·         In Matthew 18:15-20, it is a local body, as well, of individuals who are part of what’s described in 16:13-20, but also have a definite membership with standards of ethics and the ability to discipline.[4]

Jesus will, through the Holy Spirit’s inspiration of His apostles, fill both of these foundational statements in throughout the writings of the rest of the New Testament.[5]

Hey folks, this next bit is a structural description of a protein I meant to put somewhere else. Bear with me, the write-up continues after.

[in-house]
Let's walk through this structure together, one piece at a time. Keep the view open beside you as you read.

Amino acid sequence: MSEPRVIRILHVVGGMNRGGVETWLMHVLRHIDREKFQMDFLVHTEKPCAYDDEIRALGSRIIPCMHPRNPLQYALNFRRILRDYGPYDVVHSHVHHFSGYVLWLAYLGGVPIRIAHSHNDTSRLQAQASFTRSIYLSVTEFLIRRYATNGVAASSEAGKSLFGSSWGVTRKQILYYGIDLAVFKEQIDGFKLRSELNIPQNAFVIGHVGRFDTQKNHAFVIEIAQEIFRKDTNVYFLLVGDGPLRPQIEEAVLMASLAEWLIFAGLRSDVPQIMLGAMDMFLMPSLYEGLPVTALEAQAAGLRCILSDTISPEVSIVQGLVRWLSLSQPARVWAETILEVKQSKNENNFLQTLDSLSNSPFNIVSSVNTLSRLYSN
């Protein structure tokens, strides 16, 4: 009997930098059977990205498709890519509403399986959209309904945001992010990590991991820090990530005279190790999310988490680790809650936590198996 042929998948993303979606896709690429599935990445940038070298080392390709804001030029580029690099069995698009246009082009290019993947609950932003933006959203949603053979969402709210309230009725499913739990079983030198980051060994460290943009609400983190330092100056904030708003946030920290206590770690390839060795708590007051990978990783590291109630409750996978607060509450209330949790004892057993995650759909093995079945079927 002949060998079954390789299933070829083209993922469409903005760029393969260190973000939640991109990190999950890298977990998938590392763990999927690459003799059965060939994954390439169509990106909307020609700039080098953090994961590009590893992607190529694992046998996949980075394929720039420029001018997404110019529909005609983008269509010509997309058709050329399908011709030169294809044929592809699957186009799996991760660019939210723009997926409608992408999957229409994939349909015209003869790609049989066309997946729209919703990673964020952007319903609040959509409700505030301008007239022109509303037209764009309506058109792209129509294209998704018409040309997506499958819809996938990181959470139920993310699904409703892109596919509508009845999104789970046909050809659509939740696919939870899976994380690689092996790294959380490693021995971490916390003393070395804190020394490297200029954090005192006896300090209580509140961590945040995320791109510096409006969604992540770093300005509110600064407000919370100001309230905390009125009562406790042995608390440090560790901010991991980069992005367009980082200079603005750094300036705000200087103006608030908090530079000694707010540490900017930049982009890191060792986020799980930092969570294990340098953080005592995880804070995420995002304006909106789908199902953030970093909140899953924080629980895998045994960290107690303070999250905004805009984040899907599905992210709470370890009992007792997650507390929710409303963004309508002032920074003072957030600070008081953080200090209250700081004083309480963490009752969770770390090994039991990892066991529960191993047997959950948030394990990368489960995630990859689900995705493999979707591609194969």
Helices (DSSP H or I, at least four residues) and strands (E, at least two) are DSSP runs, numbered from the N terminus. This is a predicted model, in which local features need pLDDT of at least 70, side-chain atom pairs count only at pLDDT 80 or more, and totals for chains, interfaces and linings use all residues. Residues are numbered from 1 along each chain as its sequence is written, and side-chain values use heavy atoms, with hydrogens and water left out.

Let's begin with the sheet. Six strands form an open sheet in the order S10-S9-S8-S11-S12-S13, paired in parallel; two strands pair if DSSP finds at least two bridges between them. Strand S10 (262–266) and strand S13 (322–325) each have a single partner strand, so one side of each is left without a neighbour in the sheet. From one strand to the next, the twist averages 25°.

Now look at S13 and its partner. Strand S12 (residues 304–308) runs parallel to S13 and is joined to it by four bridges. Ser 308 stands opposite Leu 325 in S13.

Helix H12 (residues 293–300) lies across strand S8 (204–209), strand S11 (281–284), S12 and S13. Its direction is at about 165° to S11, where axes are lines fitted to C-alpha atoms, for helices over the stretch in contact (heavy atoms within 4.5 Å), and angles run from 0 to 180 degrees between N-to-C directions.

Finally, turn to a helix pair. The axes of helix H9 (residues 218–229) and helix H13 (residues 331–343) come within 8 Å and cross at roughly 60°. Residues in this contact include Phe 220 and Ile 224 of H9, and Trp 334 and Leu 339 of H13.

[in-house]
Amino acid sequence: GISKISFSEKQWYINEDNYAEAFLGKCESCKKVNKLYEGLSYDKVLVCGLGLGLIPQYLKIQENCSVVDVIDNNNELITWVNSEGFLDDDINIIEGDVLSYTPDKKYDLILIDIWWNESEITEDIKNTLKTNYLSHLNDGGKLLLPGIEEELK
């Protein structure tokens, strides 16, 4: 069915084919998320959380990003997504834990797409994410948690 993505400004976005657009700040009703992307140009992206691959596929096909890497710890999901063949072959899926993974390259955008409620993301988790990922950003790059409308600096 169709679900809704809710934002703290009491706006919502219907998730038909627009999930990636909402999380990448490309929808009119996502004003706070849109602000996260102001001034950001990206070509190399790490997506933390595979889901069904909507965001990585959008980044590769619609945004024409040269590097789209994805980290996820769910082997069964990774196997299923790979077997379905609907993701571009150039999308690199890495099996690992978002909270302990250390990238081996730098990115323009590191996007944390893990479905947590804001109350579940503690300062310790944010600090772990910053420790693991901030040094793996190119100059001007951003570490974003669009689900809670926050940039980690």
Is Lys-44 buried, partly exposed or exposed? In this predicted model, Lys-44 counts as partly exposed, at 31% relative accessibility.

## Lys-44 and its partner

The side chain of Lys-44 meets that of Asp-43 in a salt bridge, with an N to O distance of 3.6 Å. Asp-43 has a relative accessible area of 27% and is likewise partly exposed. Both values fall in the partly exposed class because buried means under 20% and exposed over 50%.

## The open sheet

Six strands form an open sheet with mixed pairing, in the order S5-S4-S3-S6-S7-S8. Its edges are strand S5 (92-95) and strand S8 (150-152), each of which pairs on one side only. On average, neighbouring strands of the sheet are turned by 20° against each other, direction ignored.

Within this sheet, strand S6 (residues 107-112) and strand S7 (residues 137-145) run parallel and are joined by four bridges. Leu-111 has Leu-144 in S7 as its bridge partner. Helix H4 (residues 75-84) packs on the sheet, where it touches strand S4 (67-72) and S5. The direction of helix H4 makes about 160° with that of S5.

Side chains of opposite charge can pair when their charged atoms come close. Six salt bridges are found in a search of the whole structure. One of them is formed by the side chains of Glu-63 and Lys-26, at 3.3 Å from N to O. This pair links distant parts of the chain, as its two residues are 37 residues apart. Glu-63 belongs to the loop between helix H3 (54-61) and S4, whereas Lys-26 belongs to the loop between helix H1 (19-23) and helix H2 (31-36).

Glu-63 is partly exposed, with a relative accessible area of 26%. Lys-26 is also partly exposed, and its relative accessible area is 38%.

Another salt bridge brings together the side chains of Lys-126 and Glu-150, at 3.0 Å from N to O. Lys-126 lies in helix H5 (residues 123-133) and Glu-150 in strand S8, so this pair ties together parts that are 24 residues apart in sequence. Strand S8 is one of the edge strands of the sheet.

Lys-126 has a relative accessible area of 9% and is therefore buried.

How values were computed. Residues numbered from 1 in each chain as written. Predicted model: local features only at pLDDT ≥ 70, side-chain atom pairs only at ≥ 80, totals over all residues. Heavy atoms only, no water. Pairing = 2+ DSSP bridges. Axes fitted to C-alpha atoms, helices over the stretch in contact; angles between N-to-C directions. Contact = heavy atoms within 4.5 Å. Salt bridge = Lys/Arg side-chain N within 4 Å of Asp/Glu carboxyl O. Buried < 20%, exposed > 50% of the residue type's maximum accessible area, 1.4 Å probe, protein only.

Even though Jesus is the first Person to use the word “Church/church” in the New Testament, His statements in Matthew 16 and 18 are not new. When He says εκκλησια, He is drawing upon an idea with a lot of precedent in the Old Testament word קהל. Folks will usually start with the Greek word εκκλησια, read its definition in a lexicon (it literally means “called-out ones”), and sadly build a theology that minimizes or eliminates the vital importance of the Gathering. No! Εκκλησια, the Greek word used in the New Testament for the idea called “Church,” is built upon קהל, the Hebrew word used in the Old Testament for “assembly,” or “gathering.” The Lord of the Church didn’t innovate the idea that day in “the district of Caesarea Philippi” almost 2,000 years ago. He was laying claim to His authority over a reality that had been happening since the days of the founding of the old covenant through Moses at Mount Sinai after the Exodus! This is why Stephen, with the last words he is allowed to say on this earth, has no problem dropping the εκκλησια word (the one used for “Church/church” in the rest of the N.T.) to describe the old covenant group that has Moses as its leader: “This Moses…is the one whom God sent to be both a ruler and a deliverer with the help of the angel who appeared to him in the thorn bush. This man led them out, performing wonders and signs in the land of Egypt and in the Red Sea and in the wilderness for forty years. This is the Moses who said to the sons of Israel, ‘God will raise up for you a prophet like me from your brethren.’  This is the one who was in the congregation [here it is: εκκλησια] in the wilderness together with the angel who was speaking to him on Mount Sinai, and who was with our fathers; and he received living oracles to pass on to you” (Acts 7:35-38).